That picture up there proves it.

It’s time

Today’s the day, and all I can say is thank you. To my family, my friends, Kate McKean and the Howard Morhaim Literary Agency, Lisa Cheng, all the staff at Running Press.

Yesterday one of my students said, “Mr. Devine, you get so excited when you tell stories. It’s awesome.” She’s right, I do, and it is. I tell stories, with friends, in the classroom, and in print. That’s my nature. So thank you, as well, to the storytellers who influenced me when I was young and somehow sparked my desire to join the ranks. And thank you to the storytellers who continue to inspire me to tell the best stories I can.

It’s a gift to do what I do and I try my best to appreciate it for what it is. It’s not luck and it doesn’t come without hard work. But I am lucky and the work is more like play.

So please, enjoy Tap Out, and while you do, know I’m hard at work doing what I love, writing another story that is awesome.

One more reason

If you still need a reason to read Tap Out, or if you just missed these along the way, I’ve compiled reviews and interviews for your convenience. If you are still on the fence, I hope you find something here that provides the deciding factor.

If not, maybe meeting me in person and talking about the book will seal the deal. If so, I’ve listed my events below, along with an image of the flyer I hope you will soon see around the Capital District.

If none of this wins you over, then I hope during the month of September and beyond, when people are reading and talking, someone gives you a copy and says, “You have to. It’s awesome.” Because it is for you, readers, that I have written Tap Out. It’s a dark and disturbing story, but ultimately it is about our humanity. And that narrative must be read and shared and discussed.

Enjoy.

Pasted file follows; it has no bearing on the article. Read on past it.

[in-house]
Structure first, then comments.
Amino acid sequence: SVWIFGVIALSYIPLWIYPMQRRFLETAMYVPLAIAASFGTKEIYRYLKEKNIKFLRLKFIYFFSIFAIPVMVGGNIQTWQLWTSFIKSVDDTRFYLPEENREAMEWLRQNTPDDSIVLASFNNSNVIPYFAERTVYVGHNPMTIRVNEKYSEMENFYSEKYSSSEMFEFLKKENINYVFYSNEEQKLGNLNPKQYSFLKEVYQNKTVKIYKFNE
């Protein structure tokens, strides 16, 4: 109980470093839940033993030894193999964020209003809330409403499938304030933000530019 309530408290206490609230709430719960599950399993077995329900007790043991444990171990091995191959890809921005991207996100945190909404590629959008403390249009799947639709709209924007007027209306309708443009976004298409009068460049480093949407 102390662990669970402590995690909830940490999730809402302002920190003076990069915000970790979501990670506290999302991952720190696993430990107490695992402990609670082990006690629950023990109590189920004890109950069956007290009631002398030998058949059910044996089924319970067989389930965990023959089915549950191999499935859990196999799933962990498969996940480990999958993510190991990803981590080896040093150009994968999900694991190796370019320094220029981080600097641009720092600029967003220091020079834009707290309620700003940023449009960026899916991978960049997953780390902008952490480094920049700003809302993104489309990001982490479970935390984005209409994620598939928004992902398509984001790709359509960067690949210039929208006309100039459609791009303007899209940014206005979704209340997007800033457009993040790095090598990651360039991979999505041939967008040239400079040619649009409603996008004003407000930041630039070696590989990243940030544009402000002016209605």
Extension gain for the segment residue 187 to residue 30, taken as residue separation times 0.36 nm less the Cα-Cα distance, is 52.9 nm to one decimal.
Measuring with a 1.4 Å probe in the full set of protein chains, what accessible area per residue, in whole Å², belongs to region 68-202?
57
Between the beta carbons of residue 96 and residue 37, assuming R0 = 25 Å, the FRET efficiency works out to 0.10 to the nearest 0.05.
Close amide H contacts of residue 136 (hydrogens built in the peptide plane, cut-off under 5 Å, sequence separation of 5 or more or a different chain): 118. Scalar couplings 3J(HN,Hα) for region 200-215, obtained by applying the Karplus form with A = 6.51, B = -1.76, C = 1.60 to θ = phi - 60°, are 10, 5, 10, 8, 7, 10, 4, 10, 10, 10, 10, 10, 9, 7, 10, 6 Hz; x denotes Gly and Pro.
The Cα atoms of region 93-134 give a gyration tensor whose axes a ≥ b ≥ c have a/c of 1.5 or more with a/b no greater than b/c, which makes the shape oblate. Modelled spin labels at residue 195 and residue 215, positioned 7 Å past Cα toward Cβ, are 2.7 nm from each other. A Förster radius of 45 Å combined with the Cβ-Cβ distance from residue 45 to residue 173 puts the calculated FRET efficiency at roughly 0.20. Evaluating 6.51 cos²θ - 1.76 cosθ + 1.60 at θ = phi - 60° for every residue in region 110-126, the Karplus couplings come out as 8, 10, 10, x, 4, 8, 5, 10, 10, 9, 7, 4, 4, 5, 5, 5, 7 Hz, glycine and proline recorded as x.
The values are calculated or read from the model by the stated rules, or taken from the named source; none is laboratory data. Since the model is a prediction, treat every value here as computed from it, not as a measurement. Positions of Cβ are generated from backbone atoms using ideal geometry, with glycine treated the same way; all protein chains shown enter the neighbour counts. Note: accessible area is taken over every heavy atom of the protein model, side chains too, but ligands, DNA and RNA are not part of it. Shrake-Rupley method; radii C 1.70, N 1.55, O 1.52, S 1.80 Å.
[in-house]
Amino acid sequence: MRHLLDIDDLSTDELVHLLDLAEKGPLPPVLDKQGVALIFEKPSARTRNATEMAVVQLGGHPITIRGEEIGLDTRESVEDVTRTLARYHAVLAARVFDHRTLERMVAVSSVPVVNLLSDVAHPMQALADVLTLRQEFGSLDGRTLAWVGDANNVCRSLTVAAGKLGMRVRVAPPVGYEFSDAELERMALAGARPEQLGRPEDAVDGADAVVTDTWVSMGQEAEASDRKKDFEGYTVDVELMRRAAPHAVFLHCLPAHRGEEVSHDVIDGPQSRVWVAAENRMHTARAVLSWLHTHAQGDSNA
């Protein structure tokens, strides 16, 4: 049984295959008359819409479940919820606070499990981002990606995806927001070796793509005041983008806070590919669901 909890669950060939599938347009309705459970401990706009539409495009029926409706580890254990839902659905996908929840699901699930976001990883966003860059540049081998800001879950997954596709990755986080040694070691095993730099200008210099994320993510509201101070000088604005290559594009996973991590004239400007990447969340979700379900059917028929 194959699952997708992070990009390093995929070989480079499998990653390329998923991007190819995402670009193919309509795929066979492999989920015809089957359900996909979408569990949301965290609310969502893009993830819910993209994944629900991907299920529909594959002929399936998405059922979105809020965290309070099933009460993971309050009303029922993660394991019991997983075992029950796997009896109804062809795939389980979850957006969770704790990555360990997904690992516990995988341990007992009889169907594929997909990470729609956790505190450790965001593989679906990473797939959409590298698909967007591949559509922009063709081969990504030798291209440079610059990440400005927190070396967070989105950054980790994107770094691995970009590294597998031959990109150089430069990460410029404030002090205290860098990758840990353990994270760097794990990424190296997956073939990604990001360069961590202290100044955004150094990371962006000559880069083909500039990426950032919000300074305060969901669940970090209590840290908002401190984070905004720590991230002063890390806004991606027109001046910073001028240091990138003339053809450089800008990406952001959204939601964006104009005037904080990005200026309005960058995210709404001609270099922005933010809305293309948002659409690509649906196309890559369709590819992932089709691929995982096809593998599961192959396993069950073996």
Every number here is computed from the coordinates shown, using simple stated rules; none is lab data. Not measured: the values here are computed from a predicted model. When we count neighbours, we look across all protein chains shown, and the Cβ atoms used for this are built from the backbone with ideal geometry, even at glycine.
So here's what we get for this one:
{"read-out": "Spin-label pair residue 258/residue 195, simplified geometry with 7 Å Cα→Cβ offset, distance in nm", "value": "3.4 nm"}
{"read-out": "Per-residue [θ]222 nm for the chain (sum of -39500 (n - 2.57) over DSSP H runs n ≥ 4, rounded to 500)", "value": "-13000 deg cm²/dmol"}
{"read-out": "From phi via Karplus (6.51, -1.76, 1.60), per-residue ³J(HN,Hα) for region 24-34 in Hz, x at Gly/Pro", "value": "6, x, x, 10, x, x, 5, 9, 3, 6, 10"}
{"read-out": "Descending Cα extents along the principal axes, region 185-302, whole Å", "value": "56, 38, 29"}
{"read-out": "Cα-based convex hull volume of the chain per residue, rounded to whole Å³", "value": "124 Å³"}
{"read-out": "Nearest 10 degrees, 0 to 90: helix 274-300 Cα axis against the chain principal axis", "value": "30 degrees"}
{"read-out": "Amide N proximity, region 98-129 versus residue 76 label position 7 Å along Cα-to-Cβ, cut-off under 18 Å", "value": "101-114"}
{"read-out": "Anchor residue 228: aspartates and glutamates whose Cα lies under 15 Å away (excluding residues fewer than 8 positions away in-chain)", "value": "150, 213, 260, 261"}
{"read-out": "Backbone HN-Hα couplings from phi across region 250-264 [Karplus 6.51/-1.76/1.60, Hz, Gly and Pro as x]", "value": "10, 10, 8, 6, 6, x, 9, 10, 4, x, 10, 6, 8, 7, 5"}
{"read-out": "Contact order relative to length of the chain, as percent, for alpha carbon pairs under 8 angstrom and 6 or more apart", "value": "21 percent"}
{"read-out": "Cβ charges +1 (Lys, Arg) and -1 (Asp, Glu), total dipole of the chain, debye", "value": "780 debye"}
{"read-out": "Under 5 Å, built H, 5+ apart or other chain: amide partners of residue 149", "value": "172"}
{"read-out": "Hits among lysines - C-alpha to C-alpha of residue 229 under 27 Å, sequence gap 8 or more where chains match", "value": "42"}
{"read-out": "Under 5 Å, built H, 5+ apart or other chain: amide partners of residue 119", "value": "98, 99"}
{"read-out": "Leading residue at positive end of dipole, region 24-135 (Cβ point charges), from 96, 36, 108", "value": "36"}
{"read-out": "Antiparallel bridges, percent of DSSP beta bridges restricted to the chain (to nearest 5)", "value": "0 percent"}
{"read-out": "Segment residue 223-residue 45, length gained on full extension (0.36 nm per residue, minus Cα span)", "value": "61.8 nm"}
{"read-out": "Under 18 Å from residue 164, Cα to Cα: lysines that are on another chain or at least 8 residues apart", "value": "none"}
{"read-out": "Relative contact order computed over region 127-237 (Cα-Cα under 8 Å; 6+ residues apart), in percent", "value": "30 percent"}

From Kirkus Reviews

TAP OUT (reviewed on August 1, 2012)

A boy who knows only grinding despair finds hope within the walls of a gym… http://www.kirkusreviews.com/book-reviews/eric-devine/tap-out/#review

From School Library Journal

Starting with the first page, Devine instantly captures your attention and holds it until the very end.—Sarah A., age 15

http://www.schoollibraryjournal.com/slj/articles/teens/894845-353/book_reviews_from_young_adults.html.csp

From the Times Union

In the end, can we believe that Tony will succeed? I think the answer depends on how much we feel someone in his circumstances can rise above. Does he have that strength, or is he, sadly, too far gone? I want readers to question the exact question you posed. Is Tony cold, or is he just trying to protect himself when no one else in his life is able to?

http://www.timesunion.com/living/article/Fighting-words-3828732.php#ixzz25jc2oYy2

From Scripts and Scribes

9/8: WNYT (Channel 13) interview with Beth Wurtmann @ 8:30 am. Tune in.

9/8: Kaged Kombat at the Saratoga City Center. Doors open @ 5:00 pm, fights begin @ 6:00. I will be with Legion Training Center distributing promotional material for Tap Out

9/11: Tap Out releases. Pre-orders will be shipped. E-books should be available. Local stores will have copies. Please use the Tap Out: Find a Seller or Store via Running Presslink if you are looking.

9/25: Now that you all have read come see me at the Clifton Park Library from 7-9 pm and I’ll sign your copy. We’ll also have The Open Door Bookstore on hand for purchases.

9/29: If Albany is more convenient, I’ll be at the Book House in StuyvesantPlaza from 3-4 pm